Comparing the sensitivity and specificity of various TB screening mechanisms

Comparing the Sensitivity and Specificity of Various TB Screening Mechanisms

Status: Ongoing

We explored whether routine TB screening for coughing of two weeks or longer yields greater sensitivity and specificity than relying on the discretion of health workers or a random approach.

Our analysis is based on a prevalence survey of 31 007 adults in eight high TB prevalence communities in the Western Cape (2010). Culture confirmed pulmonary TB was defined as M.tuberculosis (M.tb) isolated from a respiratory sample after inoculation into manual mycobacterial growth indicator (MGIT BD) tubes. Individuals were considered to have culture positive TB if the growth in the MGIT tube was confirmed to be M.tb by 16SrRNA sequencing. Participants were asked about demographic data, typical TB symptoms and health seeking behaviour.

Sensitivity and specificity of the following TB screening procedures were evaluated using hypothetical models: (1) the recommended protocol of testing those who report a cough for two weeks or more; (2) three enhanced protocols suggested by the literature; (3) random allocation of coughing clients to testing and (4) screening procedures subject to health worker discretion (as reported by participants). With the three enhanced protocols, screening rules were simulated to include: i) patients with known HIV-positive status ii) patients with known HIV-positive status who tested after a HIV campaign (uptake 34%) and iii) patients with at least 3 of the 5 TB symptoms.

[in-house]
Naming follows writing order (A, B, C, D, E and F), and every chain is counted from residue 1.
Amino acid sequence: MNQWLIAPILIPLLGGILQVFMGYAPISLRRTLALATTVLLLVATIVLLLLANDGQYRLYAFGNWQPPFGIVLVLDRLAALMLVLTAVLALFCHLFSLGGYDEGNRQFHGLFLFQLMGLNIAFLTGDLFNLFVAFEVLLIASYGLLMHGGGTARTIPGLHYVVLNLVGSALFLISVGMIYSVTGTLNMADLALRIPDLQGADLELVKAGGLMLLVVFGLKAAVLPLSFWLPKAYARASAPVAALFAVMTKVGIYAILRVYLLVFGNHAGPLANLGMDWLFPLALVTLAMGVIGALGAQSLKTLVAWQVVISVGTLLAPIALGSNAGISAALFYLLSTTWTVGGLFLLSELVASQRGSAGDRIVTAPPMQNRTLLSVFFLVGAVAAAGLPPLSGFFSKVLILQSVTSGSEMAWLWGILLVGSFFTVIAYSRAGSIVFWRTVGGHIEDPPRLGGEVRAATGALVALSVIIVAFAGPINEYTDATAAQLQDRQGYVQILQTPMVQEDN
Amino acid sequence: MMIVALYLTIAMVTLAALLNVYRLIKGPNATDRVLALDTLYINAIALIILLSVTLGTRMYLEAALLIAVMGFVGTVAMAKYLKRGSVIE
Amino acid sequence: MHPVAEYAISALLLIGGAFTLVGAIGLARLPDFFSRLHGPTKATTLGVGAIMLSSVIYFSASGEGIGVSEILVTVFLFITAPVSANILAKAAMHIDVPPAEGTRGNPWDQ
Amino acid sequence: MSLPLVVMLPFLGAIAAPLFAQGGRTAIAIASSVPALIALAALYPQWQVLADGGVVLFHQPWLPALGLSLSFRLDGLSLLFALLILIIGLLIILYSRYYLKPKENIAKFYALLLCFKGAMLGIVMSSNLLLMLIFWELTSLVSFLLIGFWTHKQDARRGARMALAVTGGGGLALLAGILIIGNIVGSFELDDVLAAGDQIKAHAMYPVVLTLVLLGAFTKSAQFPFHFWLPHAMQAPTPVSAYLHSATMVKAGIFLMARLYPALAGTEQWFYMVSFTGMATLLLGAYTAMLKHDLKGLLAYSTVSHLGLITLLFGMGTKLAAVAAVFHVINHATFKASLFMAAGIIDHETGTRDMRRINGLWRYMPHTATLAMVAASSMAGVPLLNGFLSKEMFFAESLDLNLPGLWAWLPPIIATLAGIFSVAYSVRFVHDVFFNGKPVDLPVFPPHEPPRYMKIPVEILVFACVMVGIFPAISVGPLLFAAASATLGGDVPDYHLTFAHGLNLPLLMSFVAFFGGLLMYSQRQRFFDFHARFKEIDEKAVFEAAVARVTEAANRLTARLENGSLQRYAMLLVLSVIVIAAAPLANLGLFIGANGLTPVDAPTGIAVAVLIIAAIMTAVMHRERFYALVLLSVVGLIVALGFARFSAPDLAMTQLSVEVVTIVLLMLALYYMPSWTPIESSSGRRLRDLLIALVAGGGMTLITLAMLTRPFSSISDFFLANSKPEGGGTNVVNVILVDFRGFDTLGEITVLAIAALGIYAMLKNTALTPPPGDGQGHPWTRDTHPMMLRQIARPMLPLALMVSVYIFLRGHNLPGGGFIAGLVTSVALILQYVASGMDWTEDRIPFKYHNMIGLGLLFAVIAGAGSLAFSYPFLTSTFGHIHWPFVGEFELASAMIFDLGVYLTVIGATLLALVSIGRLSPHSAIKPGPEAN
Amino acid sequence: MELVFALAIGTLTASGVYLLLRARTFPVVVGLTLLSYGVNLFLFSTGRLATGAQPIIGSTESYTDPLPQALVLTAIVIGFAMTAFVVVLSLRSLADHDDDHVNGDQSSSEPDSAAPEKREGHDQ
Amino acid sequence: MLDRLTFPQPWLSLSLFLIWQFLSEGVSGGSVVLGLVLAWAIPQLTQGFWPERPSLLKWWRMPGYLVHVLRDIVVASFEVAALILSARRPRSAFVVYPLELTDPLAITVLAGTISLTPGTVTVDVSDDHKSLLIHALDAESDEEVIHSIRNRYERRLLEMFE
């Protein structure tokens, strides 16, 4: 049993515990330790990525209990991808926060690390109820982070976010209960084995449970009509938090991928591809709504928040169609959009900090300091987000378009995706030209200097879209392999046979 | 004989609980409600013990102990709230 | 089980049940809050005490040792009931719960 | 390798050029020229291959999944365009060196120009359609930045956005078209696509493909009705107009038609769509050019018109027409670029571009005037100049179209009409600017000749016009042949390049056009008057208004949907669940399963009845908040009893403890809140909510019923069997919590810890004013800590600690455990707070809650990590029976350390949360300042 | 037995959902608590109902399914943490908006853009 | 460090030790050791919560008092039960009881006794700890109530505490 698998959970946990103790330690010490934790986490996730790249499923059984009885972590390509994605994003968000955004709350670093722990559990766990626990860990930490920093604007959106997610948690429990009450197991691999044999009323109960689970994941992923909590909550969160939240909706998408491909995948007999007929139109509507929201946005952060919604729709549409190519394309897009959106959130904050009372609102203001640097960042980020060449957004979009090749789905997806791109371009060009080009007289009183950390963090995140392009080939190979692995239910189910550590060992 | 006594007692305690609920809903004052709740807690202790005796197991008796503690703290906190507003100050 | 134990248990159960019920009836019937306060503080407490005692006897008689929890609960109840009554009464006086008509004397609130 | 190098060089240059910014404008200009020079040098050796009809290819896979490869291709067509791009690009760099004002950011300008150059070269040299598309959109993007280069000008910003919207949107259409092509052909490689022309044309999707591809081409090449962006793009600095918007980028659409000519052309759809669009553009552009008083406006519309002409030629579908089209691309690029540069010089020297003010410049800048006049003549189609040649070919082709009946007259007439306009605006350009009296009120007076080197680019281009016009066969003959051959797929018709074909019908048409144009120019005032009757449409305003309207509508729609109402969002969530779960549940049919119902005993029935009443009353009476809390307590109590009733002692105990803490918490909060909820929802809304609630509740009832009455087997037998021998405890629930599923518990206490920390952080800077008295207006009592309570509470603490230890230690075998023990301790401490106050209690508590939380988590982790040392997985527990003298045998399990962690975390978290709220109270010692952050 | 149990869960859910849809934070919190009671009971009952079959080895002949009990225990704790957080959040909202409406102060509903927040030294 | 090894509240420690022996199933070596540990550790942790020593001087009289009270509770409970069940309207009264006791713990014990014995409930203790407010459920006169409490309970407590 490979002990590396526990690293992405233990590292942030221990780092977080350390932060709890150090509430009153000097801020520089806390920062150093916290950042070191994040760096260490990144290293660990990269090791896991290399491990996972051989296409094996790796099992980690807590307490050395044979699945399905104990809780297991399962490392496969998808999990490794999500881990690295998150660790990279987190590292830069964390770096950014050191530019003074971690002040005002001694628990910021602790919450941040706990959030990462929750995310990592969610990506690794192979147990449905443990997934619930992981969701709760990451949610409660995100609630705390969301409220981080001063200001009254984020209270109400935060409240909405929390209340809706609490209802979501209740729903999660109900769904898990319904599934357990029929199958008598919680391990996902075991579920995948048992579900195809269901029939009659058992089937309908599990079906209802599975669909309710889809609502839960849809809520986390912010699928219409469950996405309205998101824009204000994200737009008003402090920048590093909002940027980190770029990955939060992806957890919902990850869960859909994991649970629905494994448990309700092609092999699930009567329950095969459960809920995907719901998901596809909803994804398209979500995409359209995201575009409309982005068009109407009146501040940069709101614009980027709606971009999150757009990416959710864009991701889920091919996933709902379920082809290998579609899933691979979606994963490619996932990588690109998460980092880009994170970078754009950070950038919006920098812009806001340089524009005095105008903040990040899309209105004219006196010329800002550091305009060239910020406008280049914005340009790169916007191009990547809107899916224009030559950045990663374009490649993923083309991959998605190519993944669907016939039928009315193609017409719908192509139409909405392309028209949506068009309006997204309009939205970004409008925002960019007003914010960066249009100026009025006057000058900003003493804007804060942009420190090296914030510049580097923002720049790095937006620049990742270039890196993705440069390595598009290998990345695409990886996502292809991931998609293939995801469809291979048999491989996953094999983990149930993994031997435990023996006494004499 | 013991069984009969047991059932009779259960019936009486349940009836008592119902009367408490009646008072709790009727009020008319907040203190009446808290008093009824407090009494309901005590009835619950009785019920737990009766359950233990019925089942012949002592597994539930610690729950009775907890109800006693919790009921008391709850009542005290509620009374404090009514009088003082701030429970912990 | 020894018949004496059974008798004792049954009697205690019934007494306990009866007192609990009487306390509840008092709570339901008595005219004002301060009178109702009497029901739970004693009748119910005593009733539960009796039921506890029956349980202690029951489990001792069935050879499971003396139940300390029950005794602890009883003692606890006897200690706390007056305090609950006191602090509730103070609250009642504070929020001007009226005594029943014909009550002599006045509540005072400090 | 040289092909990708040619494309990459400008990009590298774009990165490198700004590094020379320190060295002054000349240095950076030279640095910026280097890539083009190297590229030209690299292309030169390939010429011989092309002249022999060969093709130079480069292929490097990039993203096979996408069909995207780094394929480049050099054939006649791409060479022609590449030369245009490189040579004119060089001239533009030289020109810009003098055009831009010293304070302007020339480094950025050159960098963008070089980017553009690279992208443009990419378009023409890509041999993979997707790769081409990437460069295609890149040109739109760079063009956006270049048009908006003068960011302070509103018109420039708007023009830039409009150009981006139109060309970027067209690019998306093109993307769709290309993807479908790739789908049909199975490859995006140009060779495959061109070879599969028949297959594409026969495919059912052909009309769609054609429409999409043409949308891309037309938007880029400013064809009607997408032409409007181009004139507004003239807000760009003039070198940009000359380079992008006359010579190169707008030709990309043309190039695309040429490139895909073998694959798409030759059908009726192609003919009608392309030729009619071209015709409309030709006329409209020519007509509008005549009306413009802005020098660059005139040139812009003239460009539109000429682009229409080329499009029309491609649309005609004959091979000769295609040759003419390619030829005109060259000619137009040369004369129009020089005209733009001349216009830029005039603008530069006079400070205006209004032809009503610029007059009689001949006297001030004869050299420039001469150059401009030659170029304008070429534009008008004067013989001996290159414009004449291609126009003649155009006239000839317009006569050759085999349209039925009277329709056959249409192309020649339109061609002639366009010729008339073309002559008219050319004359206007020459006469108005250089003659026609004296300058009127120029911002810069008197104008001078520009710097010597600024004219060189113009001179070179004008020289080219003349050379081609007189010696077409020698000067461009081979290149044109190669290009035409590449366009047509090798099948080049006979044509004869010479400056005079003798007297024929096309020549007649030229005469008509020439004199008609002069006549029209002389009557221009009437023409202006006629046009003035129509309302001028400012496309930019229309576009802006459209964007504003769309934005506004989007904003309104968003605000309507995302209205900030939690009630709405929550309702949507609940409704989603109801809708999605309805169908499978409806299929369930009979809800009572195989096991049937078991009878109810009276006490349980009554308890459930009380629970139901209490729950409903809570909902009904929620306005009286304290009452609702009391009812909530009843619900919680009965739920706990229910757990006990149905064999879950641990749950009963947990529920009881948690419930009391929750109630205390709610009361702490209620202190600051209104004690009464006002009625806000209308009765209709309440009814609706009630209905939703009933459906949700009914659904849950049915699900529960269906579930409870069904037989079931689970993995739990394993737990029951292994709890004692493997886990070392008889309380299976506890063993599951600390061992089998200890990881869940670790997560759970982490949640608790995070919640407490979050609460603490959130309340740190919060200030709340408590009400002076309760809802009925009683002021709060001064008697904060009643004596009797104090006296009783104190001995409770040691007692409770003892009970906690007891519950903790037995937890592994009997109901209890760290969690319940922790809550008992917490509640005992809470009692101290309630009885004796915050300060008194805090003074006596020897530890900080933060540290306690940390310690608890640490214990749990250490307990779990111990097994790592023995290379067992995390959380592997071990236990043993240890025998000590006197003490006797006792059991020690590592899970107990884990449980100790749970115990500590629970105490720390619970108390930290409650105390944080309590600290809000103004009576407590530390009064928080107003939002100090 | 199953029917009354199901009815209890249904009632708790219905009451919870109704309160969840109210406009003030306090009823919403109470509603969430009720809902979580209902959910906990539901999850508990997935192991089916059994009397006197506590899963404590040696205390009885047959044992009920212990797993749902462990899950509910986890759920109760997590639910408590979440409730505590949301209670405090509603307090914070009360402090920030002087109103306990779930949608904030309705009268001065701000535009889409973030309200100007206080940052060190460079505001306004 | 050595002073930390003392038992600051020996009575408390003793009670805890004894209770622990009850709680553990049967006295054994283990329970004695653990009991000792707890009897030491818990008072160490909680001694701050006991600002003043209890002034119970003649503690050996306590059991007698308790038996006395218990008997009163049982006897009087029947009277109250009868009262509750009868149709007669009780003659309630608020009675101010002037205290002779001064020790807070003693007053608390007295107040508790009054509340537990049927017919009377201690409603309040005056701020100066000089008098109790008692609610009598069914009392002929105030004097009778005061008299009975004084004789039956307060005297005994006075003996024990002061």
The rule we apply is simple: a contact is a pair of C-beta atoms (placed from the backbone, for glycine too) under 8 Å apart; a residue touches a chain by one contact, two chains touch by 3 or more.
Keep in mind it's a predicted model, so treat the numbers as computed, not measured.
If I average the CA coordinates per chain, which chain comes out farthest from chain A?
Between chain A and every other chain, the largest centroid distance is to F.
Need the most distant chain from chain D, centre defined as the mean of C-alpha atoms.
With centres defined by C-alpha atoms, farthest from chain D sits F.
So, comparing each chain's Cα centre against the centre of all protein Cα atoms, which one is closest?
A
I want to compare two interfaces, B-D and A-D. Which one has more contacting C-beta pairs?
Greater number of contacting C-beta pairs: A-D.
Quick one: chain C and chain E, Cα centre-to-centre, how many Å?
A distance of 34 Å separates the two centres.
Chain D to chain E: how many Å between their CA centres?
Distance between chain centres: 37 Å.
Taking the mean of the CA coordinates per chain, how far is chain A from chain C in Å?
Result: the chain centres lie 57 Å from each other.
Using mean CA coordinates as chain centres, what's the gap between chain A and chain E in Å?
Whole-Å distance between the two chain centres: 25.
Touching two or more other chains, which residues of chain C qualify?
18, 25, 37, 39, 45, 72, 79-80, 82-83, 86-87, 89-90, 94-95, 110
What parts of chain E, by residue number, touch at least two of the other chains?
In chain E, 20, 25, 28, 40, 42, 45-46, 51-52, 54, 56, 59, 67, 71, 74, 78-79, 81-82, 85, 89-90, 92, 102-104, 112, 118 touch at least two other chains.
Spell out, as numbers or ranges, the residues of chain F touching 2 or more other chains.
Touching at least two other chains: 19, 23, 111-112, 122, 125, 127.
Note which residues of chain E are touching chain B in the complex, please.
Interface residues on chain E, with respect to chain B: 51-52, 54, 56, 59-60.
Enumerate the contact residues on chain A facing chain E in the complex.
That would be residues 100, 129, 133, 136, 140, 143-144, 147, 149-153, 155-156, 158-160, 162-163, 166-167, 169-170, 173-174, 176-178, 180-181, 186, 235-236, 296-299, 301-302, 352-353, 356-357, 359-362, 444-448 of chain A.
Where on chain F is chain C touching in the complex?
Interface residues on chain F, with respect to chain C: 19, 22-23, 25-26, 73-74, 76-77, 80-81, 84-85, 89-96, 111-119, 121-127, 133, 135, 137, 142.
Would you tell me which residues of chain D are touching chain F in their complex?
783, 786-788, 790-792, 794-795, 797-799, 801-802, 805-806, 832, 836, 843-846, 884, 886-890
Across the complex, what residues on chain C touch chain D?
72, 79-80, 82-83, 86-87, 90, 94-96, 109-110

The hypothetical protocol models were based on information about symptoms and health seeking behaviour reported by participants who were currently coughing. We estimated the specificity and sensitivity of actual screening procedures used in clinics based on self-reported information regarding a visit to a clinic for a cough.

The recommended protocol outperformed current practice in clinics in terms of sensitivity but not specificity. Enhanced protocols tended to have lower specificity but increased sensitivity. The proportion of coughing patients offered a test ranged from 52.6% to 89.5% for the eight facilities.

Given that the benefits associated with increased sensitivity are likely to be larger than those associated with an increased specificity, the results provide support for adherence to the recommended protocol. The level of variation across clinics for offering a TB test to symptomatic individuals, is concerning. These findings need to be validated and explored further under operational conditions.

This work was presented as a poster at the 44th Union World Conference on Lung Health in Paris in November 2013 and is currently being converted into a journal article.


ReSEP members involved: Anja Smith, Cobus Burger, Ronelle Burger

Collaborators: Mareli Claassens, Helen Ayles, Peter Godfrey-Fausset, Nulda Beyers